Clashes In Lesbos As Refugees Wait For Boat

Fresh clashes have broken out on the Greek island of Lesbos between police and migrants desperate to move to the European mainland.

TV footage showed police using batons to control a crowd that was waiting to get onto a ship that had arrived to take several hundred to the port of Piraeus, near Athens.

It comes after a minister in the Greek government told a local radio station that the island was "one step from an explosion".

Up to 20,000 migrants are waiting in the capital Mytilene - with more than two-thirds described as living in "miserable" conditions.

Many of the migrants have been frustrated at the slow pace of the registration process that they need to undergo before they can buy a ticket for a boat to mainland Greece.

Sky's Jonathan Samuels, who is in Lesbos, said: "It's a pretty desperate situation. They are completely inundated with refugees.

"We've seen babies being breastfed on the sidewalk this morning. Toddlers in quite a lot of distress, just unable to cope with the situation.

"There are no washing facilities, there is water, no food and no power.

"We've seen clashes and migrants and refugees storming the office where registration takes place."

The migrants and refugees on Lesbos are part of the migration crisis that has been affecting Europe over the summer.

The UN refugee agency UNHCR said the number of migrants crossing the Mediterranean was expected to pass 400,000 this year, up from 219,000 in 2014.

UK Prime Minister David Cameron said that Britain would take in 20,000 refugees from Syria , but said they would come directly from camps around the war-torn country.

The White House says it is reconsidering the steps the US can take to help Europe deal with the crisis.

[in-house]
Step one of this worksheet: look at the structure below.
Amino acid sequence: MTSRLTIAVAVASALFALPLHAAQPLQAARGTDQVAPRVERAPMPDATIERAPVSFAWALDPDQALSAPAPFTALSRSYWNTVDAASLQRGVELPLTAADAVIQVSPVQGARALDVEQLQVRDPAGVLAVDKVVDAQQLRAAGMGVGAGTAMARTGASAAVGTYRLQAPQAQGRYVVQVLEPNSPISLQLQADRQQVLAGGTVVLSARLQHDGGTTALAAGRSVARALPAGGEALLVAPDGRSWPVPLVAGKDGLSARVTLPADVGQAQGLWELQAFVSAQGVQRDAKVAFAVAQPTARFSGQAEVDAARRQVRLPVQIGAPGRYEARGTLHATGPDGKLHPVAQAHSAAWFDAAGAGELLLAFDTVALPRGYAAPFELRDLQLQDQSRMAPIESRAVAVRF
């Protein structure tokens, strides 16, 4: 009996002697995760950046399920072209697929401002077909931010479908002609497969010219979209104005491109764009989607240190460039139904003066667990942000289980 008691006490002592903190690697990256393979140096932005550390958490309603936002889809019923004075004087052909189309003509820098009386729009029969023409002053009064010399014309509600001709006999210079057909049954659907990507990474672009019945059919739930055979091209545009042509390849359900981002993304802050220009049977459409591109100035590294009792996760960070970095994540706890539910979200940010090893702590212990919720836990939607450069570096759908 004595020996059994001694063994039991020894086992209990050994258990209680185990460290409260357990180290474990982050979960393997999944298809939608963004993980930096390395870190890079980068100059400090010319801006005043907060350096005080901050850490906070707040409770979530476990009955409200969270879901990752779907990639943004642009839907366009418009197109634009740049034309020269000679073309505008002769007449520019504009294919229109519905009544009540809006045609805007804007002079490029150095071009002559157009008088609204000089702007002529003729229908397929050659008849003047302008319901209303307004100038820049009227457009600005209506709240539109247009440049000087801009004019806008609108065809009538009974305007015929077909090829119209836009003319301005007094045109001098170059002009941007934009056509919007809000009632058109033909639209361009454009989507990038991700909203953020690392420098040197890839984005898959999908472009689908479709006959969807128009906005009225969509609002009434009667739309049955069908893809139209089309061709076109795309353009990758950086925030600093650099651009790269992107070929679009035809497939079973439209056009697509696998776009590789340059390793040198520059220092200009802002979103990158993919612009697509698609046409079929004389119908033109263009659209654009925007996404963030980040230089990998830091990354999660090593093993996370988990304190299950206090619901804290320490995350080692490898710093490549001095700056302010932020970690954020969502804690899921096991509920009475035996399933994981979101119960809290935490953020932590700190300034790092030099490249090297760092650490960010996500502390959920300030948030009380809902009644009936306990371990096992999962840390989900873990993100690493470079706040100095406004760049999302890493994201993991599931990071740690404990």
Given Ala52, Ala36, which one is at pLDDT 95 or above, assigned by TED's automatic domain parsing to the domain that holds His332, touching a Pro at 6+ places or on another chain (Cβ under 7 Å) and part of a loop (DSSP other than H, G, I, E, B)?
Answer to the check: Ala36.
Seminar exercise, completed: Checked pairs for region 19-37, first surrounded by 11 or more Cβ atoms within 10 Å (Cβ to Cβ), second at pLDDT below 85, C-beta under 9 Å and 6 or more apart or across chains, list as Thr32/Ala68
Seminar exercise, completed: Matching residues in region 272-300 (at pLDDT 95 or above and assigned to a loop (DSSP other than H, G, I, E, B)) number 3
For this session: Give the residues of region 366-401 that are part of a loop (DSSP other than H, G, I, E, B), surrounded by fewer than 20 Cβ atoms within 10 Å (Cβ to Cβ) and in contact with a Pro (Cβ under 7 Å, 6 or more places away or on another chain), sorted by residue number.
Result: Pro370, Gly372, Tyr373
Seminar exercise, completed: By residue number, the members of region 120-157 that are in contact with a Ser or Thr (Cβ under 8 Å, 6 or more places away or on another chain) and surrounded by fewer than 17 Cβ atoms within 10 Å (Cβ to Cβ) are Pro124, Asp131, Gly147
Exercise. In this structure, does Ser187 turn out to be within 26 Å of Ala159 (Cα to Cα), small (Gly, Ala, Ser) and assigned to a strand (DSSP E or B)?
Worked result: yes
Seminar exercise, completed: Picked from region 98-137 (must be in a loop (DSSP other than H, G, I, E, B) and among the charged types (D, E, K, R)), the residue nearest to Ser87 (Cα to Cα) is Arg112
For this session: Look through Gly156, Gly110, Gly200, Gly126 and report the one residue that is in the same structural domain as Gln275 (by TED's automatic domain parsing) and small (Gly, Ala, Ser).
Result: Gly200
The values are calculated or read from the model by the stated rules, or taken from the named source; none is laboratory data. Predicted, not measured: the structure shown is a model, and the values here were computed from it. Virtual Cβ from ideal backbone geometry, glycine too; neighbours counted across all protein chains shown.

Germany, which has seen an influx of migrants after it said anyone seeking asylum was welcome, said other EU countries need to take more.

German Chancellor Angela Merkel reiterated Germany's belief that Europe needs a joint system for dealing with asylum seekers, based on binding quotas.

She said: "This joint European asylum system cannot just exist on paper but must also exist in practice - I say that because it lays out minimum standards for accommodating refugees and the task of registering refugees," 

Her Vice Chancellor Sigmar Gabriel said on Monday that if countries in eastern Europe and elsewhere continued to refuse to take their fair share of refugees, the bloc's open border system, known as Schengen, would be at risk.

On Tuesday, he told TV station ZDF that Germany expects in the order of a half-milllion more migrants a year for the next few years in addition to the 800,000 it is already expecting.

The Dutch, Spanish, Swedish and Austrian governments also backed a quota system, with Austria's Chancellor saying that any nations that do not accept their share should suffer financial penalties.

Poland's president, however, made his opposition to quotas clear.

Failure by authorities to deal with the huge numbers on the move is leading to unrest.

Migrants have been involved in scuffles with police and stampedes as they try to move beyond Hungary's border with Serbia at Roszke.